Ever feel like you just can’t get enough fries? Can’t stop yourself from taking a third slice of pizza? One chocolate bar just isn’t satisfying?
Turns out, there’s a scientific reason why: These highly processed foods are among the most addictive, according to a new study at the University of Michigan.
Highly processed foods — or foods with added fat, sugar, or refined carbohydrates — may actually trigger addictive eating. These foods are more likely to induce a blood sugar spike compared to naturally occurring foods with no additives. According to the study, this is significant because there is a link between glucose levels and areas of the brain involved with addiction.
Eating these foods could lead to characteristics similar to that of drug abuse, such as craving or consuming a high dose or a rapid rate of absorption.
These findings may seem obvious as it’s long been suspected that highly processed foods have addictive properties, but this is actually one of the first studies to specifically look at which foods can lead to food addiction.
During the study, foods with no added fat or refined carbohydrates did not have an addictive effect. Some examples of these foods are brown rice and salmon.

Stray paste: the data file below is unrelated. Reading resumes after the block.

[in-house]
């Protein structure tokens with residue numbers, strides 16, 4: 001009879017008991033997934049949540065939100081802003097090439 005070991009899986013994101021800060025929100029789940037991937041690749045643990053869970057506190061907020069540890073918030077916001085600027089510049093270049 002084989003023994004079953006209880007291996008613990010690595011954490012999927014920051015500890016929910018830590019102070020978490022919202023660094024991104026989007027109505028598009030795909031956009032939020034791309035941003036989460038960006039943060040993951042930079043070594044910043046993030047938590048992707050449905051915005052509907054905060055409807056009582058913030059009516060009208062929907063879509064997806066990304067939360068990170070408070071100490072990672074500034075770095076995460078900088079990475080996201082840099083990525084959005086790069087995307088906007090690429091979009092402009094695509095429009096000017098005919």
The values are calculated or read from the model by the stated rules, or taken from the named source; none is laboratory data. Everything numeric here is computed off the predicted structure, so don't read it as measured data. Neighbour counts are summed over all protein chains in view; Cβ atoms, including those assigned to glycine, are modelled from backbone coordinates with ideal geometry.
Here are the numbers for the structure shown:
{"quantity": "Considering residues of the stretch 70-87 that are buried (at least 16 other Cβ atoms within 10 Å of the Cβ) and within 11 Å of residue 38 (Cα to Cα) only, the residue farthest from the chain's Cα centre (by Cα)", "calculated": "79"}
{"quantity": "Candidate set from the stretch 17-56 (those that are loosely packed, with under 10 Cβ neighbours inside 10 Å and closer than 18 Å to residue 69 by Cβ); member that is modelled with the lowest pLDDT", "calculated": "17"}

Nicole Avena, one of the authors on the study, explains the significance of the findings.
This is a first step towards identifying specific foods, and properties of foods, which can trigger this addictive response. This could help change the way we approach obesity treatment. It may not be a simple matter of ‘cutting back’ on certain foods, but rather, adopting methods used to curtail smoking, drinking, and drug use.
The researchers plan to do further studies examining whether addictive foods are capable of triggering changes in the brain.
Eating a lot of highly processed foods can lead to an addiction to them. This addiction can cause many health problems and should be curtailed as much as possible.
Share this information with your teens to help them develop healthy eating habits early on! It could save them from food addiction later on.
To learn more about healthy relationships with food, check out the “Secret Eating Disorder (You’ve Never Heard Of)” story from the March issue of Choices! Choices is a teen health and life skills magazine for middle and high schoolers.